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Streaming Content from a Vehicular Cloud

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Abstract

Network densification via small cells is considered as a key step to cope with the data tsunami. Caching data at small cells or even user devices is also considered as a promising way to alleviate the backhaul congestion this densification might cause. However, the former suffers from high deployment and maintenance costs, and the latter from limited resources and privacy issues with user devices. We argue that an architecture with (public or private) vehicles acting as mobile caches and communication relays might be a promising middle ground. In this paper, we assume such a vehicular cloud is in place to provide video streaming to users, and that the operator can decide which content to store in the vehicle caches. Users can then greedily fill their playout buffer with video pieces of the streamed content from encountered vehicles, and turn to the infrastructure immediately when the playout buffer is empty, to ensure uninterrupted streaming. Our main contribution is to model the playout buffer in the user device with a queuing approach, and to provide a mathematical formulation for the idle periods of this buffer, which relate to the bytes downloaded from the cellular infrastructure. We also solve the resulting content allocation problem, and perform trace based simulations to finally show that up to 50% of the original traffic could be offloaded from the main infrastructure.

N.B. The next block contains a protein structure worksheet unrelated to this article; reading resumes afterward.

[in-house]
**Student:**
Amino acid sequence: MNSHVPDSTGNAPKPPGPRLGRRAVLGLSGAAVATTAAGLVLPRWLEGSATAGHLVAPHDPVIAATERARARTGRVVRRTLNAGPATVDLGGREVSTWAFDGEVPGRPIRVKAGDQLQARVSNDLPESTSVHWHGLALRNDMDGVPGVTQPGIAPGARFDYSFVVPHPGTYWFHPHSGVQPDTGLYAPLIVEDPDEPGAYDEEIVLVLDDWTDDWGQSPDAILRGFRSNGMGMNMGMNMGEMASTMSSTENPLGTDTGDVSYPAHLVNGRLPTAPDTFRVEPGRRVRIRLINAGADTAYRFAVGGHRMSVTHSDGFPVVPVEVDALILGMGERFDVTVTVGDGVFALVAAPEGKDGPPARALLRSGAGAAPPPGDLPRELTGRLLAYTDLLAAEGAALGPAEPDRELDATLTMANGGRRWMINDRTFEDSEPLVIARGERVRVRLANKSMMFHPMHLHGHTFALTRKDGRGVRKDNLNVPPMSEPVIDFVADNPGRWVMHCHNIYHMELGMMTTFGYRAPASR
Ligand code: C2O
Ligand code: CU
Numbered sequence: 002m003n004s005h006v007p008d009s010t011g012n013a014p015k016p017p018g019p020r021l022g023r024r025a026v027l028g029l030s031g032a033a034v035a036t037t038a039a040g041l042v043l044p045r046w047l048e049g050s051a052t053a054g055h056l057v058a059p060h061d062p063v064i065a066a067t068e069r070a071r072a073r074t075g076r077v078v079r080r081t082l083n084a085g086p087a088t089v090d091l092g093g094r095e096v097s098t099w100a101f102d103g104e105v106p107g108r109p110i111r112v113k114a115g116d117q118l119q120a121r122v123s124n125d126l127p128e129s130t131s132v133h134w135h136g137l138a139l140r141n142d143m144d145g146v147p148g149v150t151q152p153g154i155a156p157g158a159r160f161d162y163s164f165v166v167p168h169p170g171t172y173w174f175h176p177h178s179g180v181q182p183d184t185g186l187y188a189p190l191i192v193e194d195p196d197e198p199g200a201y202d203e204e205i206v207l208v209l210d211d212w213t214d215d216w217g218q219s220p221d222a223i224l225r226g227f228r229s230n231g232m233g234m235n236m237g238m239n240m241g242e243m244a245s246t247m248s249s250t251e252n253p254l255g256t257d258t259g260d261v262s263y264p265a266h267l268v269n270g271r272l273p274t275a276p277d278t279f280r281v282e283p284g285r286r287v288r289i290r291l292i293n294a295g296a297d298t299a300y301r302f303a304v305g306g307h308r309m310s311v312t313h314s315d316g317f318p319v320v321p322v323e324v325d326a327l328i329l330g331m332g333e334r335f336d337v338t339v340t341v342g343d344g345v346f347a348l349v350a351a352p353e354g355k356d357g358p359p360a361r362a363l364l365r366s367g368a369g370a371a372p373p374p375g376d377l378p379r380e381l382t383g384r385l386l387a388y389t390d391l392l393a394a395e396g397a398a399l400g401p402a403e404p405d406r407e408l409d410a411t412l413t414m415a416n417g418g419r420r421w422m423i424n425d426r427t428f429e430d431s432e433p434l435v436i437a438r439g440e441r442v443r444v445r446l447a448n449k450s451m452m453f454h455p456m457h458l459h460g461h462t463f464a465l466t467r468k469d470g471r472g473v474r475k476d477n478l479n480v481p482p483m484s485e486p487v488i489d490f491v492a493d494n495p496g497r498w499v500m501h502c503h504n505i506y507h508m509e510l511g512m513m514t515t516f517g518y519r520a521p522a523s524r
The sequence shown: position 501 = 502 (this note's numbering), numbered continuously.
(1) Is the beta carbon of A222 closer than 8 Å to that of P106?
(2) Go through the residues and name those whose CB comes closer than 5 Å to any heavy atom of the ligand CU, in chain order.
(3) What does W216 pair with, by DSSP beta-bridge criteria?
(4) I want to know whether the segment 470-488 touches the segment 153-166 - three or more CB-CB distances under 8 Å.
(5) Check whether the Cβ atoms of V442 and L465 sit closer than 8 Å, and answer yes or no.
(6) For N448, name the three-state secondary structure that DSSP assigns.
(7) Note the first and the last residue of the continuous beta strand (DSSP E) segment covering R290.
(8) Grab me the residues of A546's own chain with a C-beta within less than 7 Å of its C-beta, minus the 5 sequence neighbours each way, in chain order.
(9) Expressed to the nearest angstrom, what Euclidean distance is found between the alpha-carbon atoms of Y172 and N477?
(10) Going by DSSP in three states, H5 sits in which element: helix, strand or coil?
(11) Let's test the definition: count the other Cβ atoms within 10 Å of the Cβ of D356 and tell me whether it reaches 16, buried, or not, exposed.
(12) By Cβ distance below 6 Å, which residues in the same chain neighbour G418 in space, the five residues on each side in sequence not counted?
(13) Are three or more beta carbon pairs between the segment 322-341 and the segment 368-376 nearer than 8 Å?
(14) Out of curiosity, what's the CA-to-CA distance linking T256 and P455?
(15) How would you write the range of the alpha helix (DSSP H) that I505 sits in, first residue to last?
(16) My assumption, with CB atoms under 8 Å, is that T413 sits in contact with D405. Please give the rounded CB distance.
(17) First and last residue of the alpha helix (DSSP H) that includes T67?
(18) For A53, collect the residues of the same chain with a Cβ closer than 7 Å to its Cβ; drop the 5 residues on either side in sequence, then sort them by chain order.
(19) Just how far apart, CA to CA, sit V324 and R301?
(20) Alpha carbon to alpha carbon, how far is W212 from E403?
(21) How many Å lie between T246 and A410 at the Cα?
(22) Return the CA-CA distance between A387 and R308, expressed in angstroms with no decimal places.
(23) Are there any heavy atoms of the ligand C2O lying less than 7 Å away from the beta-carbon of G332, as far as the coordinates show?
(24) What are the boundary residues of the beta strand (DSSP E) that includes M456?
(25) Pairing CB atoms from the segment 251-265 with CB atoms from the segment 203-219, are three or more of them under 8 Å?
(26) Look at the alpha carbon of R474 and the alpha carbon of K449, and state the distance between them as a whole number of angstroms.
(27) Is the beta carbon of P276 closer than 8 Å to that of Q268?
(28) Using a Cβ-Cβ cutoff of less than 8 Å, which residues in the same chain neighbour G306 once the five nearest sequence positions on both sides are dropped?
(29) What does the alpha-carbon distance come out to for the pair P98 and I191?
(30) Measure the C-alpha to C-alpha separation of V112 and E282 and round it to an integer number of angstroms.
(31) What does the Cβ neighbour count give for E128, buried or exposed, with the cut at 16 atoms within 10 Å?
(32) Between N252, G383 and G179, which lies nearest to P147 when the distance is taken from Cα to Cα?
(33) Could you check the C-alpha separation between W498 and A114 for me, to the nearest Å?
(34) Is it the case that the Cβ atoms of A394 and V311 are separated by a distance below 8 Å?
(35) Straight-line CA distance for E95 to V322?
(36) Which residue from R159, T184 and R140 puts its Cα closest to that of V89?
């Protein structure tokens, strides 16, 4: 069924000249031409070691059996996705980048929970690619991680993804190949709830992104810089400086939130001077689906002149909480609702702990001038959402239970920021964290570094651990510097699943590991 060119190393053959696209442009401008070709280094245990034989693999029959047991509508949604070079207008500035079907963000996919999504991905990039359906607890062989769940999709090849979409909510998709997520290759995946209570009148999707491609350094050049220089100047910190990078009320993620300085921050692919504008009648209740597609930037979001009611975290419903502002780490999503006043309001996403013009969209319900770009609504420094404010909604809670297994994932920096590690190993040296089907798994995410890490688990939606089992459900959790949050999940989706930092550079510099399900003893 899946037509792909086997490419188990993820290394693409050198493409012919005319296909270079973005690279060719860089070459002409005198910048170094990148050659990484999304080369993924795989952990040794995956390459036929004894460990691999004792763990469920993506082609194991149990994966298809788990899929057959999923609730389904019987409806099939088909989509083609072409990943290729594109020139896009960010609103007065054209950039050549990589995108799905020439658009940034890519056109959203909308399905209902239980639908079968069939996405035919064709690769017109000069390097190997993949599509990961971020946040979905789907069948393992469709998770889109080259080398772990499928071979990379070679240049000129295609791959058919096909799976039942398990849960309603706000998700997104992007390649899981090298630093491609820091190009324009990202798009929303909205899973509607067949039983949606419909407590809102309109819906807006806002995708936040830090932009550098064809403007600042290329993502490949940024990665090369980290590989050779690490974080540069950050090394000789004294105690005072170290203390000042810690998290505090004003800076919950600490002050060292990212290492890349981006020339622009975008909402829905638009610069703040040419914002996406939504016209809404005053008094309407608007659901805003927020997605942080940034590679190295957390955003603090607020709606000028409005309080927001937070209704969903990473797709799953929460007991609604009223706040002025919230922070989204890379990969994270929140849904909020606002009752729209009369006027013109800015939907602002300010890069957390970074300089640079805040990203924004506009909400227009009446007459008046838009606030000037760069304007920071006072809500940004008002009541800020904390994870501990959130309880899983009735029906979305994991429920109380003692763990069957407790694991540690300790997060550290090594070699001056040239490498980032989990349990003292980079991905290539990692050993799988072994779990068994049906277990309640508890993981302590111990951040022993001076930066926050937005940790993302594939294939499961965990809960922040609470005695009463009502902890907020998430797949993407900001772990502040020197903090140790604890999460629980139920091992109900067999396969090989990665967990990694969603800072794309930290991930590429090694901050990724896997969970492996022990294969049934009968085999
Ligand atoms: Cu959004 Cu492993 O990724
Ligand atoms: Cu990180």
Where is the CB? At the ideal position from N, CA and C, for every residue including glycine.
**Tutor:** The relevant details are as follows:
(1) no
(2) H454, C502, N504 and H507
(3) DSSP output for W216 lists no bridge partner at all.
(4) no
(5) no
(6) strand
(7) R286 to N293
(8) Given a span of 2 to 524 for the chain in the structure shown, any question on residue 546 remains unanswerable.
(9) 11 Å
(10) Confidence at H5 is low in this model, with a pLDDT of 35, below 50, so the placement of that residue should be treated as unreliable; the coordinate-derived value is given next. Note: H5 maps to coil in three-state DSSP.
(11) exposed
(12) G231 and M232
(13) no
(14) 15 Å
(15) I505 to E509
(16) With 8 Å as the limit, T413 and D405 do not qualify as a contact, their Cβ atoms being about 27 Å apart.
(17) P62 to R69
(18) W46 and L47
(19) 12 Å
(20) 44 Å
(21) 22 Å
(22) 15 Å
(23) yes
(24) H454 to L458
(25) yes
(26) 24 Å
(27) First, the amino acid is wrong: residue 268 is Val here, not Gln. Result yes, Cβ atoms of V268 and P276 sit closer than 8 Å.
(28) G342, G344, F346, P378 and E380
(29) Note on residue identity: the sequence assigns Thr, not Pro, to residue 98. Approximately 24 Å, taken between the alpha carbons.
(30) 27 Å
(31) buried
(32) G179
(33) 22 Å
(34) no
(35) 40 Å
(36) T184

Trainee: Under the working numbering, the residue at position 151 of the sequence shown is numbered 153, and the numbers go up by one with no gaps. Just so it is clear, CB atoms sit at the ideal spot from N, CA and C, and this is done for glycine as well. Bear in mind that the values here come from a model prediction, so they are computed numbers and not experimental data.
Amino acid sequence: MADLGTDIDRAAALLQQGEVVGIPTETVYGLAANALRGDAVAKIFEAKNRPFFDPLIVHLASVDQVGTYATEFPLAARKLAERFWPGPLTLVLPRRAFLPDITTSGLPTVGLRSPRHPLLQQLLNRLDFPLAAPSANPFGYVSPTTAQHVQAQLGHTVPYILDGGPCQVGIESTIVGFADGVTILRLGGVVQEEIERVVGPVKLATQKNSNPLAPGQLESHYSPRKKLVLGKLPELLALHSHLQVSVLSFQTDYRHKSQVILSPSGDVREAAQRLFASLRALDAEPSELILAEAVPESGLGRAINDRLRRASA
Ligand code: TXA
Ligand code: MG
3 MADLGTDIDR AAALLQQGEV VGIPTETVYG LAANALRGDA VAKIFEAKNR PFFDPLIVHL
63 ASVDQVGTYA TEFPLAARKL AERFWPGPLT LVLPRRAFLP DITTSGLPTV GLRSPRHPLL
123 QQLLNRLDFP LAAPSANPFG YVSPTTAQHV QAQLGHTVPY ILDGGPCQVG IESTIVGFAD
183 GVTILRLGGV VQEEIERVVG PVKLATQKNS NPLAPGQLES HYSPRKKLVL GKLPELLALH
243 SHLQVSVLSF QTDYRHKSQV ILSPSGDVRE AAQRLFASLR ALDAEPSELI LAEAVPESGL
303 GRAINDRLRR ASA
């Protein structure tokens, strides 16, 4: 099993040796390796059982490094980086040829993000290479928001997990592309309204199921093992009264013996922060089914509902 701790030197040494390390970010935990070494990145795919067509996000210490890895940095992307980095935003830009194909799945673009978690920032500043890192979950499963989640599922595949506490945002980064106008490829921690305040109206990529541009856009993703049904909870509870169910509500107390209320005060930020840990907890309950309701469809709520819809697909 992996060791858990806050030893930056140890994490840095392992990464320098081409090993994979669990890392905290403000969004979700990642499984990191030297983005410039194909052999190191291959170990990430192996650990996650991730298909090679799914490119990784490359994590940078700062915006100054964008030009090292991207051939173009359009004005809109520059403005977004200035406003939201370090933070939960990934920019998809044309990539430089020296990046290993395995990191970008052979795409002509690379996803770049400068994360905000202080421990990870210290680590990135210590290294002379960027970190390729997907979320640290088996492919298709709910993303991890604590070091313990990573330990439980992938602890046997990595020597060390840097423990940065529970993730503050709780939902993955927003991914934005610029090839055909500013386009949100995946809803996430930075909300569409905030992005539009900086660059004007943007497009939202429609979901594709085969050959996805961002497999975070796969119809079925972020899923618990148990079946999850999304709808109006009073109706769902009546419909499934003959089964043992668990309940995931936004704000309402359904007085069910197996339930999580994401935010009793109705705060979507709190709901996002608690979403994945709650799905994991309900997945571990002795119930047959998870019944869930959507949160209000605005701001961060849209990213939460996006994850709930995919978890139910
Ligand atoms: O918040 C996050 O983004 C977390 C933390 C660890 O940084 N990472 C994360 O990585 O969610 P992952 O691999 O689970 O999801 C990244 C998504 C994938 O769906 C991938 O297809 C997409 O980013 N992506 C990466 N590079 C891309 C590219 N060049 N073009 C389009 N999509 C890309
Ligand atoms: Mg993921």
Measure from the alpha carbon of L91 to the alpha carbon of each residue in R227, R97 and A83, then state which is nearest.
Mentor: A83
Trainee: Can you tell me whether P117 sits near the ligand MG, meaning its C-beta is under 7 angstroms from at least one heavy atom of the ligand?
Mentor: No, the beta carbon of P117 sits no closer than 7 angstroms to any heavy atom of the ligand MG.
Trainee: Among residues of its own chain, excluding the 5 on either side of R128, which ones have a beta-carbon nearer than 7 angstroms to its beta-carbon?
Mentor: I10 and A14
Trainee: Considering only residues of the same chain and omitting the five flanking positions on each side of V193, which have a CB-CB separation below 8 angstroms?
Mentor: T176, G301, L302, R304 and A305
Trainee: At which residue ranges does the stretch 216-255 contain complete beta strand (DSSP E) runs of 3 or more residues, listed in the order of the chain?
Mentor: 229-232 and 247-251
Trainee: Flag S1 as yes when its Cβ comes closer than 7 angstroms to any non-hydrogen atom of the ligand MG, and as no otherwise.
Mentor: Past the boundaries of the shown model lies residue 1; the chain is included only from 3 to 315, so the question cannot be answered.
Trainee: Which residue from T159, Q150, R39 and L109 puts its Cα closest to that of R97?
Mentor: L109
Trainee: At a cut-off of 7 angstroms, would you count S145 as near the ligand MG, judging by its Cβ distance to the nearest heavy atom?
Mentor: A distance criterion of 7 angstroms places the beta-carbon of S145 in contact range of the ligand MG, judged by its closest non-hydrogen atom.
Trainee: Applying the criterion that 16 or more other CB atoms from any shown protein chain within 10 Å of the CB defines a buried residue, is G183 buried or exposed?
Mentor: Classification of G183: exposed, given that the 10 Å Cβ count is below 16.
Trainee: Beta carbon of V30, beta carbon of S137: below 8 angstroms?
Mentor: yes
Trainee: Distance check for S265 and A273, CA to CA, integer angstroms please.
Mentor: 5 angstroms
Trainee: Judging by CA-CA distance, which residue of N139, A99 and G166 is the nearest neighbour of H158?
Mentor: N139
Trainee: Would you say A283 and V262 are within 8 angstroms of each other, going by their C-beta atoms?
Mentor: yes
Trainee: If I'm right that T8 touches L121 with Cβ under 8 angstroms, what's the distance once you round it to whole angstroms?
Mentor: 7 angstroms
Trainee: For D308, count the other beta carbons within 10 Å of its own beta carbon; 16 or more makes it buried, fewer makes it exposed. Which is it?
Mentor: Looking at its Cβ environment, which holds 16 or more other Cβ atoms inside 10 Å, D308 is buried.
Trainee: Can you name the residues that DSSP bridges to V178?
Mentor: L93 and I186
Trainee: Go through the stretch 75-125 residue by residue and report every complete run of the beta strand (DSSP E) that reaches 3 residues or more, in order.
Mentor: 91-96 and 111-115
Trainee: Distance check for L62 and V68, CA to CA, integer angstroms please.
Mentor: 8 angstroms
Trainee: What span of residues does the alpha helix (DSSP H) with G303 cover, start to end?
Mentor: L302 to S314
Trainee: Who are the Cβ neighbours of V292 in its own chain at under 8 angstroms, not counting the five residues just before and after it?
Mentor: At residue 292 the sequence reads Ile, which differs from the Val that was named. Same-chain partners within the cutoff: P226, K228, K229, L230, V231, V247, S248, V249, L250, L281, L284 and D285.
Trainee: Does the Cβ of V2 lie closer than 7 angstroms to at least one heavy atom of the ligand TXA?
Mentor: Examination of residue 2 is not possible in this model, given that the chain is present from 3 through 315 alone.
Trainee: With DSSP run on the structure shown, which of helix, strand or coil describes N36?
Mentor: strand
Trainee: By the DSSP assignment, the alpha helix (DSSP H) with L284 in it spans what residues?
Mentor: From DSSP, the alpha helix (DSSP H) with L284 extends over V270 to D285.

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Dates and versions

hal-01349767 , version 1 (13-09-2016)

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Luigi Vigneri, Thrasyvoulos Spyropoulos, Chadi Barakat. Streaming Content from a Vehicular Cloud. Tenth ACM MobiCom Workshop on Challenged Networks (CHANTS), Oct 2016, New York, United States. ⟨10.1145/2979683.2979684⟩. ⟨hal-01349767⟩
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